Nofa Riyadh: An Ideal Saudi Staycation
Nofa Riyadh: An Ideal Saudi Staycation
With its safari experience and range of activities, the luxe, lush oasis makes for a memorable getaway
Words: George Charles Darley
If you fancy an African safari experience this Eid but aren’t keen on long flights, bumpy dirt roads or the threat of being consumed by a hungry lion, one attractive and easy solution is Nofa Riyadh, A Radisson Collection Resort.
The luxury destination, some 100km west of the capital, was originally a private weekend retreat, inspired by the owners’ visits to upscale safari parks in South Africa. Converted in 2018 to a commercial property in partnership with Radisson Collection, Nofa maintains the African theme with its bungalows, villas and common areas designed in the thatched circular style as seen in villages across Kenya, Tanzania and Zimbabwe. Yet it offers all the mod cons to be expected from an experience that ranges from SAR2,500 to SAR15,000 per night.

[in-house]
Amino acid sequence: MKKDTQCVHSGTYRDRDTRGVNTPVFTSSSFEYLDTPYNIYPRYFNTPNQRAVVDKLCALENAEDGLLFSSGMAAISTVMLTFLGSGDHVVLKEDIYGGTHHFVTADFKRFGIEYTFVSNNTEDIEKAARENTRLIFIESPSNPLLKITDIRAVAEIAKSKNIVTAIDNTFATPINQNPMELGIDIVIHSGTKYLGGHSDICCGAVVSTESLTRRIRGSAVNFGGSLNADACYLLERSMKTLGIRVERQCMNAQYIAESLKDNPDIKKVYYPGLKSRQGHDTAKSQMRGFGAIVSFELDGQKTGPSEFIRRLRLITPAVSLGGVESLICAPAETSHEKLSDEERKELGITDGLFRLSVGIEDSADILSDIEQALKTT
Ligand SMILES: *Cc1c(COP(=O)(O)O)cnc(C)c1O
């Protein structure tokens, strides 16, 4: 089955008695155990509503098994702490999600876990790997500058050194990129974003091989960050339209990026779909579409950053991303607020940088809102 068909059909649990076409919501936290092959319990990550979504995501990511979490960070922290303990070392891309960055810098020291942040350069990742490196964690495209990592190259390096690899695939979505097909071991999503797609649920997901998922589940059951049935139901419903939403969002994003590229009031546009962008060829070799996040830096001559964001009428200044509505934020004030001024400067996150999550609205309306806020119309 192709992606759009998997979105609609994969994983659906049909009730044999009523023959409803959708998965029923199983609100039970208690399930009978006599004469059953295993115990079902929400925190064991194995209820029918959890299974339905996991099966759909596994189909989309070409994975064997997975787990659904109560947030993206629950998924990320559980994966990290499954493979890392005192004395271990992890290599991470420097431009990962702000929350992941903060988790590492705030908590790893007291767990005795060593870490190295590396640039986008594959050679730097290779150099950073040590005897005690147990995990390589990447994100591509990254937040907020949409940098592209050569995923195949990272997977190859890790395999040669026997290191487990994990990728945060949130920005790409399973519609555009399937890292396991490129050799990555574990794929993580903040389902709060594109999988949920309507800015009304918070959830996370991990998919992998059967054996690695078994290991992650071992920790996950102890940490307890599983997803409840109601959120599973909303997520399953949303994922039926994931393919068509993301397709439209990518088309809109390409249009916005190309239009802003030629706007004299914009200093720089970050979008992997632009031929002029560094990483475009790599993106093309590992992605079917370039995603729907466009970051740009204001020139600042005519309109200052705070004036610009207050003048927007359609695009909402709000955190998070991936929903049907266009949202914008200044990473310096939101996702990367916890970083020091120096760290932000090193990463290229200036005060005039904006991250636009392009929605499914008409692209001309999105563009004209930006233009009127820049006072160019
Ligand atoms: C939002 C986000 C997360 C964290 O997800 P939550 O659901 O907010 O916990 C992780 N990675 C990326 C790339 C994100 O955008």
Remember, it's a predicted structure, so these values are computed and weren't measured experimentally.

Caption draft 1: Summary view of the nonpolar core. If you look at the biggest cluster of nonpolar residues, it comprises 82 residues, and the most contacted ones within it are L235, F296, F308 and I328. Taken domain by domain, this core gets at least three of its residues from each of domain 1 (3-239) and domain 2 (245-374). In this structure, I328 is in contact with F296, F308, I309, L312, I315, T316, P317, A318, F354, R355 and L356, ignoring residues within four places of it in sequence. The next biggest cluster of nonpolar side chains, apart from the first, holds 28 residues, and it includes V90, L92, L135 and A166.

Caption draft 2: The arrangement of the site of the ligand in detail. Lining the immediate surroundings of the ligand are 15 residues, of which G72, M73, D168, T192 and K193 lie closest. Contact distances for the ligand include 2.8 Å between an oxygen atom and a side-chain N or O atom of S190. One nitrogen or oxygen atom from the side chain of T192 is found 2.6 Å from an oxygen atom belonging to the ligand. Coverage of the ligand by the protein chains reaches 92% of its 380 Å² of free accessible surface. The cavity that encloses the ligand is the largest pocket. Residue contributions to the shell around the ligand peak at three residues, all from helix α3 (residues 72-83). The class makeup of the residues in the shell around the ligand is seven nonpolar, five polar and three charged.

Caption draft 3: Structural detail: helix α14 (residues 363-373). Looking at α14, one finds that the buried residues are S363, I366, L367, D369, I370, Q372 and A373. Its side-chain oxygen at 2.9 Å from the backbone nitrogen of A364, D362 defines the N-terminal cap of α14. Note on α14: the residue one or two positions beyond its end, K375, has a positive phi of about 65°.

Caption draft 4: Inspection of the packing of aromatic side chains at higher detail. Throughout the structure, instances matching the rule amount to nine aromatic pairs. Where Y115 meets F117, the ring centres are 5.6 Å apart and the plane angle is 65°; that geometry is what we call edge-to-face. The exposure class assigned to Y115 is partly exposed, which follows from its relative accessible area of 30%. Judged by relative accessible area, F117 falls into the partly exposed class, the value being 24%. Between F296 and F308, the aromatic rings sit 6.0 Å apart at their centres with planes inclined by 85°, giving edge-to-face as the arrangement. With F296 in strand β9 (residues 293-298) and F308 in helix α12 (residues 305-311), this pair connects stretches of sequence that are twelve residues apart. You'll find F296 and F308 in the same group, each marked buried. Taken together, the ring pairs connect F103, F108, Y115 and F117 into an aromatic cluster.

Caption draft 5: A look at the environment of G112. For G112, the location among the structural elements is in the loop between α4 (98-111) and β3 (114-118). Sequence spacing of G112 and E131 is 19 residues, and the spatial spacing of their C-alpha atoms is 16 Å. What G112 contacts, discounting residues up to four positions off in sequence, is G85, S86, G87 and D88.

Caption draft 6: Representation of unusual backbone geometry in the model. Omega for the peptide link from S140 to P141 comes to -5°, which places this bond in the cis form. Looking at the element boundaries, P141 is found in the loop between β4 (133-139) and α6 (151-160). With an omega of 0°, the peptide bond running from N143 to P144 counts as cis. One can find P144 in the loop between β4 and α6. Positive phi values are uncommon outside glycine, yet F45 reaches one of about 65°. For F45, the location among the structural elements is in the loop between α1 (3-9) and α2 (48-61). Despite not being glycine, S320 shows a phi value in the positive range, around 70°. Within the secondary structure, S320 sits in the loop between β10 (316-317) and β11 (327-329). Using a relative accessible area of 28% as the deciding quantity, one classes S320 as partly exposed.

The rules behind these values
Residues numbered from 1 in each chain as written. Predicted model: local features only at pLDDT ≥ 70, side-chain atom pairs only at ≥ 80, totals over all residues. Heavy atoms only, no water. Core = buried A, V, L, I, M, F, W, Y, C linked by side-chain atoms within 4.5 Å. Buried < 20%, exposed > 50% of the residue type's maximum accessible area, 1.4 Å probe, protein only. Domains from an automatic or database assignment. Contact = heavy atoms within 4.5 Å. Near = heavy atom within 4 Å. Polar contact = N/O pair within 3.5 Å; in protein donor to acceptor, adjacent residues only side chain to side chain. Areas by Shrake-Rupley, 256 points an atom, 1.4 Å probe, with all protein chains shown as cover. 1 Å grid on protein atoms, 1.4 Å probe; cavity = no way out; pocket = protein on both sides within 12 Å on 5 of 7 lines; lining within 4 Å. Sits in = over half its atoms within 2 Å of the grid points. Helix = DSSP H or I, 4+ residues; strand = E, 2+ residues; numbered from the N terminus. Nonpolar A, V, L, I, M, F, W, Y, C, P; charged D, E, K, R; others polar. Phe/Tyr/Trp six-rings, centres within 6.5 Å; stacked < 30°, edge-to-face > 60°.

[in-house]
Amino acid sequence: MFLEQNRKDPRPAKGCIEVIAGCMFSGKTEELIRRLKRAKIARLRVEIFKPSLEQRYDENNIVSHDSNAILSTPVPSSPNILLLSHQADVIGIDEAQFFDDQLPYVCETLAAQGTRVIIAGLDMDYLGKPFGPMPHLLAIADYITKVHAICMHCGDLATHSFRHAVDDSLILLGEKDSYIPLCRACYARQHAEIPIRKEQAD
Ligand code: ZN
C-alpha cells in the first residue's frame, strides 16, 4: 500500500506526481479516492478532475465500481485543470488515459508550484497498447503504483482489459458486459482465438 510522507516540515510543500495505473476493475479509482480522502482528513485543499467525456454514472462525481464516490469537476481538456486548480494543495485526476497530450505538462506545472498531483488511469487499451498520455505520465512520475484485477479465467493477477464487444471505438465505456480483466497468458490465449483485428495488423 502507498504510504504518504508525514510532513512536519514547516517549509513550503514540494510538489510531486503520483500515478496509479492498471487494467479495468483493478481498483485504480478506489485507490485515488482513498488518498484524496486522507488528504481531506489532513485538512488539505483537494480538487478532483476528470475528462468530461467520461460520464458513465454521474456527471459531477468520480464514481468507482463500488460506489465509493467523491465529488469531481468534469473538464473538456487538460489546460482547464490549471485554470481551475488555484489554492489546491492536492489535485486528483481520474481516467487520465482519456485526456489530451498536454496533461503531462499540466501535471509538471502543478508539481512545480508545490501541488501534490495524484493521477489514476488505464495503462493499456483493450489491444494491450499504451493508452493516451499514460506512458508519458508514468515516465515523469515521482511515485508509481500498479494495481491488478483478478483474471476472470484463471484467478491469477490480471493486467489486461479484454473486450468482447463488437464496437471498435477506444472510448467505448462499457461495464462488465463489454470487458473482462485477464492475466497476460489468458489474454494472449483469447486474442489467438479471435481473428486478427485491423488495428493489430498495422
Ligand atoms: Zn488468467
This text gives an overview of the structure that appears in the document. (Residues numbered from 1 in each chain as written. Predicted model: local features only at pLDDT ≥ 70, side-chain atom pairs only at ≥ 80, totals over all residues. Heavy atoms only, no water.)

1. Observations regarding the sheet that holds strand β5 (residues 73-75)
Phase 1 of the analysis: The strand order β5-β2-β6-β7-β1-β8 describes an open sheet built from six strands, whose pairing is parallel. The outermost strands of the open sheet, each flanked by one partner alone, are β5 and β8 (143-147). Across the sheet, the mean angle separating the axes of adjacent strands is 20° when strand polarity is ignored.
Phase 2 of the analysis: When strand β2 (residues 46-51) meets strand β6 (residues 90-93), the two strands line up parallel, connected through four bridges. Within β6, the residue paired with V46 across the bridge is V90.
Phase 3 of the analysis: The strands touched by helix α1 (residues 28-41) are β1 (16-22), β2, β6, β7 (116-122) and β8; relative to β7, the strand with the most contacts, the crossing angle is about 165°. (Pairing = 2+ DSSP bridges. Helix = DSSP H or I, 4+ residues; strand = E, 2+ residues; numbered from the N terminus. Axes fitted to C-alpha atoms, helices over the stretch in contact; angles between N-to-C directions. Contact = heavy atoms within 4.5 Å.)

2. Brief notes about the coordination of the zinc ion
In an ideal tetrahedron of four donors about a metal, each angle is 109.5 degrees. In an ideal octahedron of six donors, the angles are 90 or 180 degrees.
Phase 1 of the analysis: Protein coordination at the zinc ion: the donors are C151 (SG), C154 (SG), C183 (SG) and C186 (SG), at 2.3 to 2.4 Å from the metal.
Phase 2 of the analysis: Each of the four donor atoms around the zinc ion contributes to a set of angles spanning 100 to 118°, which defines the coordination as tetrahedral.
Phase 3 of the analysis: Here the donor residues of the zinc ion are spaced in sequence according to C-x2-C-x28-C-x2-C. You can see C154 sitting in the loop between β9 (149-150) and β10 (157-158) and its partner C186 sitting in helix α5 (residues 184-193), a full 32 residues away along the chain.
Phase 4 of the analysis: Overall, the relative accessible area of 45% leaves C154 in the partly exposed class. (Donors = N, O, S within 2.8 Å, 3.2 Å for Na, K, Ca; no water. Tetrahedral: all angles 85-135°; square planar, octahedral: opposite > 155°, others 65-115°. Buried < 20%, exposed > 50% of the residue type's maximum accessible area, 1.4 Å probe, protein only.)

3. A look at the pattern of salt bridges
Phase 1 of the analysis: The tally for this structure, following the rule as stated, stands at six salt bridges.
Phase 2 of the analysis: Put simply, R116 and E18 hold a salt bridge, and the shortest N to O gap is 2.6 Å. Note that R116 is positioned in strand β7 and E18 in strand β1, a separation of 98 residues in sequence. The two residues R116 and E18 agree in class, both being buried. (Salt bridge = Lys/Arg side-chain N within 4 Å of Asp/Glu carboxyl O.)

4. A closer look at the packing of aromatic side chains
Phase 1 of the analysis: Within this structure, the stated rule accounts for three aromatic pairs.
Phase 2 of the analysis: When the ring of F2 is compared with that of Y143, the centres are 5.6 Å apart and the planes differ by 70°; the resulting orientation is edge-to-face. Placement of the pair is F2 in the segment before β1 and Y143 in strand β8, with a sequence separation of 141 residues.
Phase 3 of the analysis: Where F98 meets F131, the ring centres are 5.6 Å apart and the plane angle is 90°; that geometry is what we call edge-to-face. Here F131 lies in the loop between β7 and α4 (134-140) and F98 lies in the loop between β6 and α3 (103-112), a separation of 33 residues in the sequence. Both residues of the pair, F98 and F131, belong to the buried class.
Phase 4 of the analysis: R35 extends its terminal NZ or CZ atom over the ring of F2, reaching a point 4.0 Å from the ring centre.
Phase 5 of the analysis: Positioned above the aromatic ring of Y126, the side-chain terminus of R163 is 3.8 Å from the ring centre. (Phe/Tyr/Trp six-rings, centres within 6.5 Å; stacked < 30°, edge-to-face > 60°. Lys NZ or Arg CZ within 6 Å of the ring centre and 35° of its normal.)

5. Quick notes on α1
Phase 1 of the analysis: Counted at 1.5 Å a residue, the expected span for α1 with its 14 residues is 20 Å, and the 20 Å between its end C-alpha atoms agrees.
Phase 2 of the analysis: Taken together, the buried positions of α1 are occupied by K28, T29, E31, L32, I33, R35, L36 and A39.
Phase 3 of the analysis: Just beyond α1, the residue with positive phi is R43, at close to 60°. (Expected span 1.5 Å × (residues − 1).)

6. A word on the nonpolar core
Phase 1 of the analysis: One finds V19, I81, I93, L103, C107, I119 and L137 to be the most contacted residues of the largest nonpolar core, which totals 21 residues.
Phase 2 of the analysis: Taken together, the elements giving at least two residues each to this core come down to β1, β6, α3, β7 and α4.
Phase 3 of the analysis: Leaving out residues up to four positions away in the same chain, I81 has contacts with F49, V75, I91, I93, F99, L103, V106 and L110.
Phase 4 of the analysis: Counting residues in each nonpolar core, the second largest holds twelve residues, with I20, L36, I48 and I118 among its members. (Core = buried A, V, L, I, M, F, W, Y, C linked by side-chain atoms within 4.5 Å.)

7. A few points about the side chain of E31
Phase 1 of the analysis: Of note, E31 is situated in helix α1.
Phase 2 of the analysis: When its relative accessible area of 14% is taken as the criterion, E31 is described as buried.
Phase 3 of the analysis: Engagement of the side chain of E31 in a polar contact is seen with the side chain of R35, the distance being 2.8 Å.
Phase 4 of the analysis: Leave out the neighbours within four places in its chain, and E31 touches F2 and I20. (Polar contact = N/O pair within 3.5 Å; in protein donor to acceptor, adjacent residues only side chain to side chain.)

It takes me only an hour to reach Nofa from central Riyadh, passing through the dramatic manmade gorge of the Tuwaiq escarpment and entering the property directly from the highway. The imposing gates slowly open, and I drive through the biggest expanse of cultivated grass I have ever seen – some 500m of green carpeting on either side of the private road. This continues for at least 2km and leads to an open range populated by herds of zebra, giraffe, elephants and buffalo. Ostriches roam around in their dorky fashion, and I spot a feline creature in the distance – perhaps a cheetah.
A second gate, decorated by oversized elephant tusk sculptures, provides access to Nofa’s residential area with its profusion of flowers, bushes and trees. The reception and adjacent sitting room is a showcase of all things African, featuring an array of well-curated antiques. Details include armchairs upholstered with alligator and zebra skins, animal sculptures and cowhide mats. Not exactly in tune with contemporary ideas about conservation… but certainly impressive and beautiful.